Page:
According to the North Carolina Department of Agriculture and Consumer Services, there are 13 mineral nutrients that plants need from the soil. These are divided into six macronutrients required in large amounts and seven micronutrients, only required in trace amounts. The macronutrients are further subdivided into primary and secondary nutrients.
The primary nutrients are nitrogen, phosphorous and potassium. As indicated by their name, these are the most important nutrients for plant growth. Plants use large quantities of these nutrients, so fertilization is often required to ensure they are present in sufficient quantities.
Nitrogen is required for cell metabolism and for manufacturing proteins and enzymes. It gives chlorophyll its green pigment and encourages rapid plant growth. Nitrogen deficiency can cause older plants near the bottom of plants to yellow. The rest of the plant may take on a light green hue.
Phosphorous is also necessary for photosynthesis. It encourages the plant cells to divide and is important in the formation of flowers and seeds. It also encourages roots to grow. Phosphorus deficiency can be detected by burnt looking leaf tips. If the condition persists, older leaves will darken, "turning a dark green or reddish purple," according to The University of Arizona Cooperative Extension.
Potassium helps produce high-quality fruit and allows crops to resist plant diseases. It is involved in root growth and photosynthesis, as well. Potassium deficiency is very rare, since even desert waters and soils have enough potassium to nourish plants. When potassium deficiency does occur, it can cause the leaves to wilt or scorch.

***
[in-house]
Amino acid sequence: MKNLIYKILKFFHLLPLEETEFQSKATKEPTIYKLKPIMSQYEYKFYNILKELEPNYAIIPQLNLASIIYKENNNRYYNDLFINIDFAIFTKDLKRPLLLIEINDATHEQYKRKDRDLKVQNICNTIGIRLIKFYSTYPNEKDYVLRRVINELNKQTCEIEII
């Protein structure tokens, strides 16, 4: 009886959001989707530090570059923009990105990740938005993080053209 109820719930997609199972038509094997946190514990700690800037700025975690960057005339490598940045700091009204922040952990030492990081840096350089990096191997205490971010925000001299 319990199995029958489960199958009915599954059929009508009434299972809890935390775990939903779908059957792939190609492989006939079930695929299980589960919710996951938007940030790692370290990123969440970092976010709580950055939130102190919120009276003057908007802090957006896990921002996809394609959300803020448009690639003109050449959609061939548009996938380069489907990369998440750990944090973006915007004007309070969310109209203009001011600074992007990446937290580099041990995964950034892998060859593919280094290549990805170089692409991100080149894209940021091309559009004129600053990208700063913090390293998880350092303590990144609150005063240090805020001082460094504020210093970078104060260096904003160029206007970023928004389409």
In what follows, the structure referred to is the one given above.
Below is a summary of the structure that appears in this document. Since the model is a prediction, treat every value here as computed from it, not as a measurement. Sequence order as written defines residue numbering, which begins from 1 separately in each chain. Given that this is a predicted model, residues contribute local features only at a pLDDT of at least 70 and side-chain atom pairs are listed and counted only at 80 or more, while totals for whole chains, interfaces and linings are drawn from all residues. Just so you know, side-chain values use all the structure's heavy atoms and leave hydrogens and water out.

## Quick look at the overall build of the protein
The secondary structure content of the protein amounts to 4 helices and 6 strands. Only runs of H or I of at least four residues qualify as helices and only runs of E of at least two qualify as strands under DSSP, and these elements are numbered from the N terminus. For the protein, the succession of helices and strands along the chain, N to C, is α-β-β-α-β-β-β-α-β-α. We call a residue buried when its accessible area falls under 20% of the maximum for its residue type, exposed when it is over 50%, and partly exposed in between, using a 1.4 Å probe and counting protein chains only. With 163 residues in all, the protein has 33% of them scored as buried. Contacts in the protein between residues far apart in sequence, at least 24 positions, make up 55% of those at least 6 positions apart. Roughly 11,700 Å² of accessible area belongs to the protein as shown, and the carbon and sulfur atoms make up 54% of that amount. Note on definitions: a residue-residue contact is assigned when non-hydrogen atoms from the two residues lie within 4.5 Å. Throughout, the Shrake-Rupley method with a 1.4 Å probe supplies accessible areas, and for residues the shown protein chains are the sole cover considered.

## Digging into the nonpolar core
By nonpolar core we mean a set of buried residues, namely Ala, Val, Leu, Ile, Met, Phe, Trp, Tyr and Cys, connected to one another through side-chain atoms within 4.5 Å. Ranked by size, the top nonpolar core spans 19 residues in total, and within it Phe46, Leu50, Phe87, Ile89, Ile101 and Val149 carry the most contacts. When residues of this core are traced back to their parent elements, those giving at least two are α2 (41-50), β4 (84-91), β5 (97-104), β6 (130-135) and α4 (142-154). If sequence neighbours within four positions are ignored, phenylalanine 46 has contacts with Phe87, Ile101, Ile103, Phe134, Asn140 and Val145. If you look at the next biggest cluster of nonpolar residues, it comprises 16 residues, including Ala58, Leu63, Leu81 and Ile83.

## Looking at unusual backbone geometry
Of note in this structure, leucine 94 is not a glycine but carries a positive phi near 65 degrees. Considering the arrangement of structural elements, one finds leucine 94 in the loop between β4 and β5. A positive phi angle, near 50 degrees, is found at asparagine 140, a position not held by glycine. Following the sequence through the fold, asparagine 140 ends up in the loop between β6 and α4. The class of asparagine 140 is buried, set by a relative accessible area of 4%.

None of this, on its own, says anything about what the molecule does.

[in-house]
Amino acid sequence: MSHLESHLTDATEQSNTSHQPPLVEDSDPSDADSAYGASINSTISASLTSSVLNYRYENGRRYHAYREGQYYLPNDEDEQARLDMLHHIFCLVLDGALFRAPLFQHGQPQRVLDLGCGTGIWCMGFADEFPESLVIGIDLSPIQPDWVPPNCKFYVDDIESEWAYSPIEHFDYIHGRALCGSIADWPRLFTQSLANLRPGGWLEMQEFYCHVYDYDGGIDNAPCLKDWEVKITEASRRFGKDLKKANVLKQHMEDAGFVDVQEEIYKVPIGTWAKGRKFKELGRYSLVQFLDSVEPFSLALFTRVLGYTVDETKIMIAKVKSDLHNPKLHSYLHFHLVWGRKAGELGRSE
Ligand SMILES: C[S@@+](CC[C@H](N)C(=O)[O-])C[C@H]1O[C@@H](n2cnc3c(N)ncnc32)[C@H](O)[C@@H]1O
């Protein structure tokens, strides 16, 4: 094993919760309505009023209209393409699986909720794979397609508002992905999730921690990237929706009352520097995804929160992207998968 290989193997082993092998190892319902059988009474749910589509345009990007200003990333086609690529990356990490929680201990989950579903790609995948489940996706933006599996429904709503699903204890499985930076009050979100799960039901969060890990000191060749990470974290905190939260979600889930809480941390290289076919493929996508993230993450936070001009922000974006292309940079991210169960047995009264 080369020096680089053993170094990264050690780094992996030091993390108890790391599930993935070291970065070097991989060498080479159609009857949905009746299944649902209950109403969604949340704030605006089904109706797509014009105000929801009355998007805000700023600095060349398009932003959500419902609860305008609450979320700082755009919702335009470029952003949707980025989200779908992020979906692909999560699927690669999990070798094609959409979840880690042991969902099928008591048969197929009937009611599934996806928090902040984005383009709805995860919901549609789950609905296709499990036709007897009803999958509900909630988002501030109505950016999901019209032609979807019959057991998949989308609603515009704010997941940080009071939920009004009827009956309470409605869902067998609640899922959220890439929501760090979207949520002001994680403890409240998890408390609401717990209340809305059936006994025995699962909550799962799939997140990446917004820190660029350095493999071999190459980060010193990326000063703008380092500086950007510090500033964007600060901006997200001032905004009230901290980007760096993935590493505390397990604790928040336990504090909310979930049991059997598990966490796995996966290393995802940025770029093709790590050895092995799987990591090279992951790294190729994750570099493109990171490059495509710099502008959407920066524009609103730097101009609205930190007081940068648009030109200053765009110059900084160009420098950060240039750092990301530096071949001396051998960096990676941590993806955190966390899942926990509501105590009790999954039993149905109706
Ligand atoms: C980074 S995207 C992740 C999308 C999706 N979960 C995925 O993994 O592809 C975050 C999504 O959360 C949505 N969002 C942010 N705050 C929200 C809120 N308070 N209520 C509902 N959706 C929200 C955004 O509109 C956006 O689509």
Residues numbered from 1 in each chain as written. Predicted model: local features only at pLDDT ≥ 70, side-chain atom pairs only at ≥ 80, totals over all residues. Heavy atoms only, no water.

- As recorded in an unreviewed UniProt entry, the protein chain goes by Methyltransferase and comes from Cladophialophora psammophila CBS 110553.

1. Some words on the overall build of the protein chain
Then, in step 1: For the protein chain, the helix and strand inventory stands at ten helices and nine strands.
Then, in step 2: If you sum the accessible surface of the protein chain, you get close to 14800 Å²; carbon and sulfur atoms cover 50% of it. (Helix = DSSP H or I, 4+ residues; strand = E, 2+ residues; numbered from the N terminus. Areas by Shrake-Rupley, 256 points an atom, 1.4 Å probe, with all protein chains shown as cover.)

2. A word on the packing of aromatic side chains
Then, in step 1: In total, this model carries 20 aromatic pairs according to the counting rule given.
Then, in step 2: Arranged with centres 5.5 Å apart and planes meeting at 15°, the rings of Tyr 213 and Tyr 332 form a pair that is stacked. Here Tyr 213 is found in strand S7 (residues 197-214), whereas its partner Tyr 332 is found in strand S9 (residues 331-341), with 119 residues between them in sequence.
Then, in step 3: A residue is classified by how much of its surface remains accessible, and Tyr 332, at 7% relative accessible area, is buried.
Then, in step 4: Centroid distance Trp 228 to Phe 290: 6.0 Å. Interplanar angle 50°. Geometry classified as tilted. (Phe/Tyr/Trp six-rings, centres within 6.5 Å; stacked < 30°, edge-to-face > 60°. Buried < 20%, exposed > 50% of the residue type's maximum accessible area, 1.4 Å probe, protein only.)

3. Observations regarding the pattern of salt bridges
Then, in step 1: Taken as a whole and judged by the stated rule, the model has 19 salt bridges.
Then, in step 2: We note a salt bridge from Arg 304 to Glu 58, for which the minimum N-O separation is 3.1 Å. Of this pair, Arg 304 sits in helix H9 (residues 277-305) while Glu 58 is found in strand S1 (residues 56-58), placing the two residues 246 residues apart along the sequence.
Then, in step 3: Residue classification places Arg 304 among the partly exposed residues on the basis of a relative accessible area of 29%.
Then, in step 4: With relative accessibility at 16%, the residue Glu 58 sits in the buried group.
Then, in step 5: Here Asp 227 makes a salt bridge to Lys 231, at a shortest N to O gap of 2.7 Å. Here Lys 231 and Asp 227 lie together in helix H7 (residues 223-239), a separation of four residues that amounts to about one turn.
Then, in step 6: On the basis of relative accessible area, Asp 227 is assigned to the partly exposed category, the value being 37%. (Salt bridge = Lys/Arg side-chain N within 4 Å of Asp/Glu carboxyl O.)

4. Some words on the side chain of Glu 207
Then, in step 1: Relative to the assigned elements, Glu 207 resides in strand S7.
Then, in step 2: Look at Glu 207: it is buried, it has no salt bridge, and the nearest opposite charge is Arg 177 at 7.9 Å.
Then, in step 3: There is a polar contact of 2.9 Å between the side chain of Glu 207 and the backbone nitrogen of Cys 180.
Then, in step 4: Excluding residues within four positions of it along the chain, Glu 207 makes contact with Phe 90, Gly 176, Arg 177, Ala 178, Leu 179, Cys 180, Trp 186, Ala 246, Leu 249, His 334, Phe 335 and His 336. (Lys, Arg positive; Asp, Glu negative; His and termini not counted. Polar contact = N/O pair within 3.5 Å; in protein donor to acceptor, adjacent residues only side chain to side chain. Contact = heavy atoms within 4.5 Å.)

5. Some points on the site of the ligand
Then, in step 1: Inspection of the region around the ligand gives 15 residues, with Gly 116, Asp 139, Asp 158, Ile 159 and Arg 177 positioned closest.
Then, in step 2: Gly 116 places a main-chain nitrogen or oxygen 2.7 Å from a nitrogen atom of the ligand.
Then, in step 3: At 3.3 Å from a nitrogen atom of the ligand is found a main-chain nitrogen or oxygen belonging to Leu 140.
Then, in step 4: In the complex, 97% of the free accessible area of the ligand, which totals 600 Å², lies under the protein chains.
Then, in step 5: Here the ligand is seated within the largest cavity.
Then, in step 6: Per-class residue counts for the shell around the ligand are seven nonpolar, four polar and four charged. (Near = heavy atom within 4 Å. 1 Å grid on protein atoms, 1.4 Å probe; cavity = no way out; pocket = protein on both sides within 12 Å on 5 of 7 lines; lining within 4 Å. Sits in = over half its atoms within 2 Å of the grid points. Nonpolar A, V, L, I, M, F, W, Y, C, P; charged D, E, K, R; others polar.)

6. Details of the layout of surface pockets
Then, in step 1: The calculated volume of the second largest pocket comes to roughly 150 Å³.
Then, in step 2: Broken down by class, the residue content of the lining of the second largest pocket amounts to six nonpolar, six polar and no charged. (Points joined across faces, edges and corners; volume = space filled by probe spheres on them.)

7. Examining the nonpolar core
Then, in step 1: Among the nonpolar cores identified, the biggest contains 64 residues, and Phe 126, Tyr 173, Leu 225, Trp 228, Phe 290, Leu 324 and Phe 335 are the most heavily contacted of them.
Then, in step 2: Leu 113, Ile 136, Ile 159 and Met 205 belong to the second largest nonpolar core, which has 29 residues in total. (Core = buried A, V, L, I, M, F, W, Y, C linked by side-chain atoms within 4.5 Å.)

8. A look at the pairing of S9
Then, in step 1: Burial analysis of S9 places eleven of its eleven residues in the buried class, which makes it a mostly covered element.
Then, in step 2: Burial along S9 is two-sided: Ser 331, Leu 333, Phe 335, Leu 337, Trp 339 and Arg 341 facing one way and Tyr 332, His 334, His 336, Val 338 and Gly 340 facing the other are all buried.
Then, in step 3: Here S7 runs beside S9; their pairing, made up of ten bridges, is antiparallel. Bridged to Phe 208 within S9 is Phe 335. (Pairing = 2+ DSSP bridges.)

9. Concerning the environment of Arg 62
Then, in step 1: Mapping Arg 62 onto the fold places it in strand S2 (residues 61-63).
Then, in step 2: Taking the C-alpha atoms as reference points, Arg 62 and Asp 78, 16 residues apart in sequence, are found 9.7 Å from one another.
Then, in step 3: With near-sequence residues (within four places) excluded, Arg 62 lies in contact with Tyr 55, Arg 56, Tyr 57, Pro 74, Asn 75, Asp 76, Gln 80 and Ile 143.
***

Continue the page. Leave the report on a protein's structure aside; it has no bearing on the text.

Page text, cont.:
The secondary nutrients are calcium, magnesium and sulfur. According to the North Carolina Department of Agriculture and Consumer Services, soils usually contain enough of these nutrients to supply plants without any additional fertilization. If they are not present in sufficient quantities, however, they can cause a variety of health problems for plants. Insufficient calcium can cause poor root and tip growth in plants and, in severe cases, can cause root rot and poor-quality new leaves. Magnesium deficiency can harm the production of the green pigment necessary for photosynthesis and cause yellowing or reddening of older leaves. Sulfur is necessary for producing amino acids, enzymes and vitamins. Sulfur deficiency causes young leaves to have a pale coloring, thin, spindly plants and whithering leaves.
The micronutrients are boron, copper, chloride iron, manganese, molybdenum and zinc. Although they are necessary for plants, they are generally required in such small quantities that they don't have to be supplemented. Recycling leaves, grass clippings and other organic matter into the soil provides plants with the essential micronutrients.